So where Virginia is concerned, I can definitely see your struggle, not just because of the root word ‘virgin’, but because of the conversation we’re having in our culture right now about what ‘virginity’ implies, whether it’s a social construct (it is) and whether T.I., of all people, has caused us to think about why we still use the word (again, mostly for girls). It’s a lot to put on a little kid, and if the word and the concept fall out of use in the next generation, she may be unexpectedly out of step with a name like this, kind of like the very good people named Donald who are watching their name be associated with an orange disaster every day.  

As you point out, it’s compounded with the similarity to ‘vagina’ – that the one name not only implies sexual activity (or lack thereof) but also brings to mind the body part you’d do it with – that’s a lot of name to walk under, you know? Teasing is one thing, but loud musings in the high school hallways about whether Virginia is a virgin, or enough times being called ‘Virgina’ at a time when kids find the words ‘penis’ and ‘vagina’ to be suddenly hysterical, might be an awful lot to ask. Your daughter might be absolutely fine with it, or she might not.  

And yet I struggle, because it’s a beautiful, lyrical name, and the states (and Virgin Islands) aren’t going anywhere, and I don’t think we need to banish names from ever being heard just because they don’t fit into our current culture—but this is a tough one.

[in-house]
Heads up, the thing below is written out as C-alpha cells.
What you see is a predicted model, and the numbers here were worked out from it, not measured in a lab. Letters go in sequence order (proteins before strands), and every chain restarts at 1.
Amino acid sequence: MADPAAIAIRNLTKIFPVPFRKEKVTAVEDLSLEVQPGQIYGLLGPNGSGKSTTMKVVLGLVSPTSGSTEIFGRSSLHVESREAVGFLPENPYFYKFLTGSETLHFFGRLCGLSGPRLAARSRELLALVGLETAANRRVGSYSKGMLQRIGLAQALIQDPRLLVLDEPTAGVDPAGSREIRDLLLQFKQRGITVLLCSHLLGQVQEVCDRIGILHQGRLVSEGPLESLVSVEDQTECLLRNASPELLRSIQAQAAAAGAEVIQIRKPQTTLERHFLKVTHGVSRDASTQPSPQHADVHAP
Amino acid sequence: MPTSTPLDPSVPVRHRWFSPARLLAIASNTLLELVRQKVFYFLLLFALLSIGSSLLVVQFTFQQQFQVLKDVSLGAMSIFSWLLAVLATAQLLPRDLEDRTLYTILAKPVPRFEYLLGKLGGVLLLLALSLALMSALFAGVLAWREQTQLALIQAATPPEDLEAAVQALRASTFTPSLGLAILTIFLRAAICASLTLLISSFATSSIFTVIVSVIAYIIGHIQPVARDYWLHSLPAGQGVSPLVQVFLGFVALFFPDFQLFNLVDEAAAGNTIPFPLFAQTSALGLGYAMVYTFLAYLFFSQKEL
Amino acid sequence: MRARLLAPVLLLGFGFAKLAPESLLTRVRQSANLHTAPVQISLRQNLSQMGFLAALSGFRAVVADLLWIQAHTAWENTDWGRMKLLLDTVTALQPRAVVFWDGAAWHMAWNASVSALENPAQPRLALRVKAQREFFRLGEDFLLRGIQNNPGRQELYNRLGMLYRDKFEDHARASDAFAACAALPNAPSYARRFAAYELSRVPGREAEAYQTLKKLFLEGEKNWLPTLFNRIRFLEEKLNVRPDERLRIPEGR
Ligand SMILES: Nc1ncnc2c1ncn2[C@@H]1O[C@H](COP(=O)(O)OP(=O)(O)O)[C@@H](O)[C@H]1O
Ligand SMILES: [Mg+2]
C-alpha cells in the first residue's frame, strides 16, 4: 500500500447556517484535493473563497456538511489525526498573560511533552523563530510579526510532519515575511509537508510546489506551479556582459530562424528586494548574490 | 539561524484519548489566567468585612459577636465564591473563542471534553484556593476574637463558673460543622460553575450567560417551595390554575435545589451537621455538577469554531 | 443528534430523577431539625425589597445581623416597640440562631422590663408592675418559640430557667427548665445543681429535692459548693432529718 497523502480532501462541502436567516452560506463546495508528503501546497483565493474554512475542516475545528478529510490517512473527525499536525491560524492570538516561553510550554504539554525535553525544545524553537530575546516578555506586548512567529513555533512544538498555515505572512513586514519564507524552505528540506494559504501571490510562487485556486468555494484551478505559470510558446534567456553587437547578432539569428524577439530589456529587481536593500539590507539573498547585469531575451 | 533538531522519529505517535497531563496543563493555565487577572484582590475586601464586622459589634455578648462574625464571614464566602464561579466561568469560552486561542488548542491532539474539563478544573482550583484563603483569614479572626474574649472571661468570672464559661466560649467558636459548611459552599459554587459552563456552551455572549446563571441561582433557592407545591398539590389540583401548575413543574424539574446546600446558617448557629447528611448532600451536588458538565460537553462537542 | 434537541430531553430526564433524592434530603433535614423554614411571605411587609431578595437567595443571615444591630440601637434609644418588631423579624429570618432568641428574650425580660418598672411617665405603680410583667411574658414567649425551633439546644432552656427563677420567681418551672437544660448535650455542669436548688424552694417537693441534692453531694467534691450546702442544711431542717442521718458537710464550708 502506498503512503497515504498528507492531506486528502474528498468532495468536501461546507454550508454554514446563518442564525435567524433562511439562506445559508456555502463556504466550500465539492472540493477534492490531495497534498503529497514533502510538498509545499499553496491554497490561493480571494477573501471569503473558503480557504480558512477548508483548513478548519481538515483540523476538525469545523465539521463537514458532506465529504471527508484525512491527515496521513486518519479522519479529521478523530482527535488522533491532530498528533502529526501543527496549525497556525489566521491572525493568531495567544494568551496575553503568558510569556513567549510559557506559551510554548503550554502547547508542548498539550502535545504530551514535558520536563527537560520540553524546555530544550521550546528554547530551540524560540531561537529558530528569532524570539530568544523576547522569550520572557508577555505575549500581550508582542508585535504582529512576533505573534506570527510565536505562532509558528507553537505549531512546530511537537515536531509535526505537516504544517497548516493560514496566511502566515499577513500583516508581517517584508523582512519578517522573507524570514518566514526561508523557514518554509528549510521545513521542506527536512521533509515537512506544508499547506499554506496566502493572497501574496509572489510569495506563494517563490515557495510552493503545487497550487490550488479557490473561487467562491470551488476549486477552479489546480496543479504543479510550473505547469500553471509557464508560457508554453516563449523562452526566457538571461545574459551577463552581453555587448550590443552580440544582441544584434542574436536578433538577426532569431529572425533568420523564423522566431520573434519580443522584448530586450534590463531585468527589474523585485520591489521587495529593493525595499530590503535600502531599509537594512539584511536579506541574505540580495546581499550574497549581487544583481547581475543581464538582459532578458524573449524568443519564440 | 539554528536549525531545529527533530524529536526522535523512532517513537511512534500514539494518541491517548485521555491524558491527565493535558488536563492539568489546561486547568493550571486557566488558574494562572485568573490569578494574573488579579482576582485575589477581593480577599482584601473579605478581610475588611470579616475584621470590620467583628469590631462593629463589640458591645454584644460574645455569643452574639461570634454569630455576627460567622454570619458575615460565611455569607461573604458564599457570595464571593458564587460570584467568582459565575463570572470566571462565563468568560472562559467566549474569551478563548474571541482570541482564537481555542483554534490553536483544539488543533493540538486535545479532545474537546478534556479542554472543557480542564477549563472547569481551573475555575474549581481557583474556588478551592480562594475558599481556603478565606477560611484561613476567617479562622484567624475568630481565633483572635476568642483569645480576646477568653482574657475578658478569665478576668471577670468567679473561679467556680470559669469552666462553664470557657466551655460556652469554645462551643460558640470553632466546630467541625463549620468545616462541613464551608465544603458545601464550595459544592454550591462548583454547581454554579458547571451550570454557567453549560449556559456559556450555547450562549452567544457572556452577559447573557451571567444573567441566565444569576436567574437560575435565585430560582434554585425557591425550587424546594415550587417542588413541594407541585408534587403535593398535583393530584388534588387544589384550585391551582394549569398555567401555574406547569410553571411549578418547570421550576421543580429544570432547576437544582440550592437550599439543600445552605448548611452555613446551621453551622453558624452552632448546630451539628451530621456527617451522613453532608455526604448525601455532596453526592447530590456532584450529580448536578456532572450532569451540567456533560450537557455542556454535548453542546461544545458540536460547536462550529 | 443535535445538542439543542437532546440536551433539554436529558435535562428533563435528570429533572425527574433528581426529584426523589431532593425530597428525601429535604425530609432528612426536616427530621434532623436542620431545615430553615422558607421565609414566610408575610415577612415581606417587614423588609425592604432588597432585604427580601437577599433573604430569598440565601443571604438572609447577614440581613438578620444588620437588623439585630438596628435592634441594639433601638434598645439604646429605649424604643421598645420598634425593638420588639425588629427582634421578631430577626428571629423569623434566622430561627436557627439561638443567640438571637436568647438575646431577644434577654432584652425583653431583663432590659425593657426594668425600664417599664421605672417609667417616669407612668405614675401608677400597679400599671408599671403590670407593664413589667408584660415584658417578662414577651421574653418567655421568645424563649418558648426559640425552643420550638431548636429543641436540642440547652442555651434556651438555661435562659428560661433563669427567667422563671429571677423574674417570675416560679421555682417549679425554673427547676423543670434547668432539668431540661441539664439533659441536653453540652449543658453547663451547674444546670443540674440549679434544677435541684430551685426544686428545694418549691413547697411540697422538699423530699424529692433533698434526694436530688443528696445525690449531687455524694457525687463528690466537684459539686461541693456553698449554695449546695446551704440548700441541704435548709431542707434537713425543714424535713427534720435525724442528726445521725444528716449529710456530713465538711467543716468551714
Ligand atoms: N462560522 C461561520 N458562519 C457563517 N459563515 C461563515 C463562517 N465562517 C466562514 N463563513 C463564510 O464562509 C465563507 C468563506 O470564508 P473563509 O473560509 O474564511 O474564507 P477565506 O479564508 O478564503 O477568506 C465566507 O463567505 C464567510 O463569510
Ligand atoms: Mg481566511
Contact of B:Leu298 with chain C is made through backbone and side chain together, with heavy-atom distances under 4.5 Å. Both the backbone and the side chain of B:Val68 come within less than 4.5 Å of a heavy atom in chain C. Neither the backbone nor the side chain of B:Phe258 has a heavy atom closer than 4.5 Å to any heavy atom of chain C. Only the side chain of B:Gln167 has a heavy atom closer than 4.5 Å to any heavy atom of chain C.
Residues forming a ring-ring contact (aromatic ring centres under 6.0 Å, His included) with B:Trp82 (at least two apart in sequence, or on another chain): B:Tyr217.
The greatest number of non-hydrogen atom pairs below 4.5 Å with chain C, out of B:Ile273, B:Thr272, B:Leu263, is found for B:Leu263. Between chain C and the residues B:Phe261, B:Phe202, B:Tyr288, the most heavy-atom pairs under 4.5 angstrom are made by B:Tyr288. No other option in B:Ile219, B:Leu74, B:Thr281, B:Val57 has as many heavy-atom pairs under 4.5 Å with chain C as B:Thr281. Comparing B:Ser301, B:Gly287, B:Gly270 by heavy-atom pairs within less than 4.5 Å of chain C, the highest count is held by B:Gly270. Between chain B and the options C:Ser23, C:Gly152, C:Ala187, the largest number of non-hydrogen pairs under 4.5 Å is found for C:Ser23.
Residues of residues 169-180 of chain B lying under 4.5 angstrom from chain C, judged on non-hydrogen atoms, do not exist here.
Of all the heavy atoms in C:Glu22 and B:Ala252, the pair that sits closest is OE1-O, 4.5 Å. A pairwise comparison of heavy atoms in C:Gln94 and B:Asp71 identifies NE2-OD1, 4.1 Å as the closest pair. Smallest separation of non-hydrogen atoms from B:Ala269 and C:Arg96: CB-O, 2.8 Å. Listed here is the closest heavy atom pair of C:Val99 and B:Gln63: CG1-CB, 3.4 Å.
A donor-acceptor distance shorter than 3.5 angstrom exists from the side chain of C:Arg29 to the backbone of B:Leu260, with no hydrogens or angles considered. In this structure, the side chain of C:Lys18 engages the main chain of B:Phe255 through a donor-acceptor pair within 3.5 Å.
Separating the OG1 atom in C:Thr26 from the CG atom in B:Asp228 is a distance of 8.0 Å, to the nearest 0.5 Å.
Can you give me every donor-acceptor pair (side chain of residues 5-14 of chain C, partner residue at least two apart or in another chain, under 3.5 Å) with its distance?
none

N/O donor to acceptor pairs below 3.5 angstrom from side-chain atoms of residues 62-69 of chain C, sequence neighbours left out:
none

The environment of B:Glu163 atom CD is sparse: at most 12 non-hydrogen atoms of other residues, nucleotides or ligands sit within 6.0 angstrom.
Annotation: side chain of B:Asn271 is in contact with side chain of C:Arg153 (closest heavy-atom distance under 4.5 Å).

So yes, if you really want to use it, I’d say a nickname is close to being essential. Ginny is often the go-to, but you could also go with Gina or Gia or Nia or even Vinny or Vera – I could even see Virgil if you’re into the whole gender-neutral idea… but then of course, it starts to become a question of ‘what’s the point?’ If you’re going to choose a name but then immediately obscure it, why use it in the first place? 

I bet there are more people than we know who have ‘Virginia’ as a middle name for exactly this reason, because there’s been many a beloved grandmother or great grandma with this name – it was in the top 10 for 25 years beginning in 1912 so it’s ripe for revival… but times have changed, and this name as a first name might be one that needs another season on the shelf. 

I suspect your reactions to my thoughts here will vary based on your geographical region -- obviously people living in cities or states named Virginia will dissociate from the ‘virgin’ theme, and also in places where there are strong religious undertones maybe an association with virginity, social construct or not, is a positive thing.  

But since you’re asking, I’d say that while we can’t ever tell the future, I feel confident saying a name that doesn’t evoke a maybe-soon-to-be-outdated concept of a woman’s sexual purity is probably a safer choice, for the incredible and exciting life I know you want your daughter to lead. 

I’m sorry if I burst your bubble, but I love that you’re thinking about this, and I don’t think it takes anything away from the women you want to honour if you put this name in a middle spot or choose a derivative to represent it. The good news is, you’ve got a while ‘til your baby arrives, so if you read this and think you want to take another run at choosing a name, we’ve got time and I’d be happy to help! 

Let us know, and of course, if your name or your child’s is Virginia, I’d love to hear what you think, too!